UNITED STATES COURT OF APPEALS FOR THE SECOND CIRCUIT
decided: October 28, 1968.
IN THE MATTER OF WILLIAM BOOKHEIM & SONS, INC., BANKRUPT. MICHAEL F. WALDENMAIER AND GEORGE WALDENMAIER, JR., PETITIONERS-APPELLANTS, GLOBE FOOD SALES CO., INC., APPELLEE
Lumbard, Chief Judge, and Smith and Anderson, Circuit Judges. Lumbard, Chief Judge (dissenting).
Author: Per Curiam
The petitioners, who are unsecured general creditors of the bankrupt, appeal from the decision of the District Court for the Northern District of New York confirming the order of the Referee in Bankruptcy which upheld the validity of a mortgage lien.
The mortgage in question was executed by the bankrupt, William Bookheim & Sons, Inc. (Bookheim) to Globe Food Sales Co., Inc. (Globe) on July 18, 1962 and was duly recorded three weeks later. From the conflicting testimony, the Referee found that the consideration for the mortgage was merchandise delivered by Globe to the bankrupt one week before the execution of the mortgage. The principal issue on appeal is whether that mortgage is void under § 15 of the New York Stock Corporation Law, McKinney's Consol.Laws, c. 59, which reads in pertinent part:
"No conveyance * * * nor any * * * lien created or security given by [the corporation] or by any officer * * * when the corporation is insolvent or its insolvency is imminent, with the intent of giving a preference * * * shall be valid."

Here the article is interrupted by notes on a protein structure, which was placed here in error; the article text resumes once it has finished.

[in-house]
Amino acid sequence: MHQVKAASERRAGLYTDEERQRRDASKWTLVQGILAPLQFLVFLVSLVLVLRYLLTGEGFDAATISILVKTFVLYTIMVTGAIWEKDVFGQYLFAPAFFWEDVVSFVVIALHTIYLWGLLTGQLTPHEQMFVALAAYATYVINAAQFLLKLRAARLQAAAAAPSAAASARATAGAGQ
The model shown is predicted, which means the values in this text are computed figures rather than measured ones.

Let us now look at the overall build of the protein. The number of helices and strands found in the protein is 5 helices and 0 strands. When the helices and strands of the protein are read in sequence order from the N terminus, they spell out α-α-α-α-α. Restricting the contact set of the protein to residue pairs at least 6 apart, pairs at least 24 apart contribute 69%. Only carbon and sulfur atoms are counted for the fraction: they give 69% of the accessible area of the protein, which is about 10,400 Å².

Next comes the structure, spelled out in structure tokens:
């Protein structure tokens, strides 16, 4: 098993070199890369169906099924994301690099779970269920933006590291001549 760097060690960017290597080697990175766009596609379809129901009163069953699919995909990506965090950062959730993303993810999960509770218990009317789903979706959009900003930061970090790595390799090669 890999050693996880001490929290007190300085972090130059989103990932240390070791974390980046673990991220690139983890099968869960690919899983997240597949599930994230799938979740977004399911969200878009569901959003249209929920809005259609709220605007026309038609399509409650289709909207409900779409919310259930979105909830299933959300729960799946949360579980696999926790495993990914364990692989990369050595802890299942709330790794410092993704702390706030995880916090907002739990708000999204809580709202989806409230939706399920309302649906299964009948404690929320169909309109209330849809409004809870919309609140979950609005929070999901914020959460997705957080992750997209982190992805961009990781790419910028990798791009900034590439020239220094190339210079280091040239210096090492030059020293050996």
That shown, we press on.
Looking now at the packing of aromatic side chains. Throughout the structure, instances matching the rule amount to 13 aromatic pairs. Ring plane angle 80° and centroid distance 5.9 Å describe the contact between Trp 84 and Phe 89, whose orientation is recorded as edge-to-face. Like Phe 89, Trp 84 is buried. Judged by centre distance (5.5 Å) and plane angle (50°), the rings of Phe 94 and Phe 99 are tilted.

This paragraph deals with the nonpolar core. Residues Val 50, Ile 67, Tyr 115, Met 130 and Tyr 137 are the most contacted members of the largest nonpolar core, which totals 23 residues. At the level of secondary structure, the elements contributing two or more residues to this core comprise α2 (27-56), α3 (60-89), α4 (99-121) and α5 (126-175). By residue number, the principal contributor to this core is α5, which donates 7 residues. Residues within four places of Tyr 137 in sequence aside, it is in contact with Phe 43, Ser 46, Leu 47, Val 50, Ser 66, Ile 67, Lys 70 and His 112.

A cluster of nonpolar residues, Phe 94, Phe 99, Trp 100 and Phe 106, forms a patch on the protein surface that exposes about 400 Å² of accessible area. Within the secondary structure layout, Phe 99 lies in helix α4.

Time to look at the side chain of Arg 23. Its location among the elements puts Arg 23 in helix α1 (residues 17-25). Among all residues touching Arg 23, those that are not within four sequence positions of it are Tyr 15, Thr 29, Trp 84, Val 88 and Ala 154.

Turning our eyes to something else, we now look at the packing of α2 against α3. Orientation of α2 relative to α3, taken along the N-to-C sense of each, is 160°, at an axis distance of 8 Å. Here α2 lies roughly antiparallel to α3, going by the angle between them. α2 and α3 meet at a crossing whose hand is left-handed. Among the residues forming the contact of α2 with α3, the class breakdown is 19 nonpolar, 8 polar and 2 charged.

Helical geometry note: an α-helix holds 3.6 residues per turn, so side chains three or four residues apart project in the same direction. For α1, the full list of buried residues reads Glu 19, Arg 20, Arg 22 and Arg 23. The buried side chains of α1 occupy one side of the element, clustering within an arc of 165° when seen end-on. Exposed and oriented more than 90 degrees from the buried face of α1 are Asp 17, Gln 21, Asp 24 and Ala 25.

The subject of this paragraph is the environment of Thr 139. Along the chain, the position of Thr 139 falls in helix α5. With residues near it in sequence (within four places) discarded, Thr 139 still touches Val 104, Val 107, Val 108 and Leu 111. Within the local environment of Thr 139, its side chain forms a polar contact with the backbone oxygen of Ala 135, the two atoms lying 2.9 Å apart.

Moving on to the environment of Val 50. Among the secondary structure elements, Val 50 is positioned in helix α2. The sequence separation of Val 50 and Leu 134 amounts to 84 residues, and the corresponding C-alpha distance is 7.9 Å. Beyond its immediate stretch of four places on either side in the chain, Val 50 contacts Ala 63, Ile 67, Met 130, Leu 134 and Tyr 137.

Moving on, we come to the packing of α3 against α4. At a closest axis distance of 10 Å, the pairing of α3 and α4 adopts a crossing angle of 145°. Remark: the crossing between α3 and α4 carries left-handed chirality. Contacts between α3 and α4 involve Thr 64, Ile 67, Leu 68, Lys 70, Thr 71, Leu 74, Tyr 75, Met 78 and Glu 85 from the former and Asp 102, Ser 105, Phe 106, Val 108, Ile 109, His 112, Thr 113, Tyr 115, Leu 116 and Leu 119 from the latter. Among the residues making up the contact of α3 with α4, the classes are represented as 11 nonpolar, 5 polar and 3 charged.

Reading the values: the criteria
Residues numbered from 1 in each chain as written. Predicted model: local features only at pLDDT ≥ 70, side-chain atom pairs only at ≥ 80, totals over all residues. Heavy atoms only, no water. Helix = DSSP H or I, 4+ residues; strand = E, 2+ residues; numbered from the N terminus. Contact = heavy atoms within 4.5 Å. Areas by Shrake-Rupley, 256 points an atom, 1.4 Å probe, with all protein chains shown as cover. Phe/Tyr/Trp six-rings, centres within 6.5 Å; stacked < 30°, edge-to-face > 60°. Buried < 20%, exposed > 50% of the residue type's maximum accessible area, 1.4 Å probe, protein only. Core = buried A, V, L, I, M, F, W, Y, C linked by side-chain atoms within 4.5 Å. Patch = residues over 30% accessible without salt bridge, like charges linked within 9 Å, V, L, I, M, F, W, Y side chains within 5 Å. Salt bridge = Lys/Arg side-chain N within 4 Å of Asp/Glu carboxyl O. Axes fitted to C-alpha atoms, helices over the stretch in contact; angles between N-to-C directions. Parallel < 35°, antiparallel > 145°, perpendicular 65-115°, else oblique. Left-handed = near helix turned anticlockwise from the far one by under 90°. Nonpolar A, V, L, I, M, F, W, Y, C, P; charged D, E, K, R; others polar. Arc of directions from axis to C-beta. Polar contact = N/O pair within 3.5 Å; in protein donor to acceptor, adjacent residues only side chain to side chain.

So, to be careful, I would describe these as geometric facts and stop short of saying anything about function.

To set aside the transfer under § 15, the complaining creditor must establish, among other things, that insolvency existed or was imminent at the time when the transfer was made; that the transfer resulted in a preference; and that the transferor intended to give a preference to the transferee. Haberman v. Larens Corp., 35 N.Y.S.2d 533, 535 (Sup.Ct.1942); In re Anjopa Paper & Board Manuf. Co., 269 F. Supp. 241, 263 (S.D.N.Y.1967). The petitioners have not carried their burden with respect to these three issues. There is evidence, including the continued operation of the bankrupt for eight months, to support a finding that insolvency was not imminent. Globe delivered the merchandise on condition that Bookheim give the mortgage; and such new and fair consideration belies the existence of a preference. Shaw v. Jewel Radio Corporation, 6 A.D.2d 707, 174 N.Y.S.2d 315 (1958). Finally, there is sufficient evidence from which the Referee could fairly have concluded that Bookheim did not intend to prefer Globe over other creditors. Since the Referee's findings of fact are not clearly erroneous, based as they are in large part on the credibility of witnesses, the determination of the validity of the mortgage was proper.
LUMBARD, Chief Judge (dissenting):
I dissent. I would remand to the district court for a specific finding on whether Bookheim was "insolvent, or its insolvency imminent" at the time the mortgage was given.
The referee did not make such a finding because he wrongly believed that Section 15 would not apply if the transfer was made for a fair present consideration, and because he did not make this finding, his finding of "no intent to prefer" is also suspect. The district court did not repeat this error, but instead glossed over the referee's failure by saying that his decision, "read as a whole, finds the corporation was not insolvent or in danger of imminent insolvency" when the mortgage was given. The court thought its finding was justified because the referee had believed the president of Bookheim when he said that he had no intention of going into bankruptcy at the time the mortgage was given. This is not enough to support the required finding on the question of insolvency.
The language of the statute is plain and unambiguous; there is no reason why the court should not make findings equally plain and unambiguous based upon the record or the findings of the referee.
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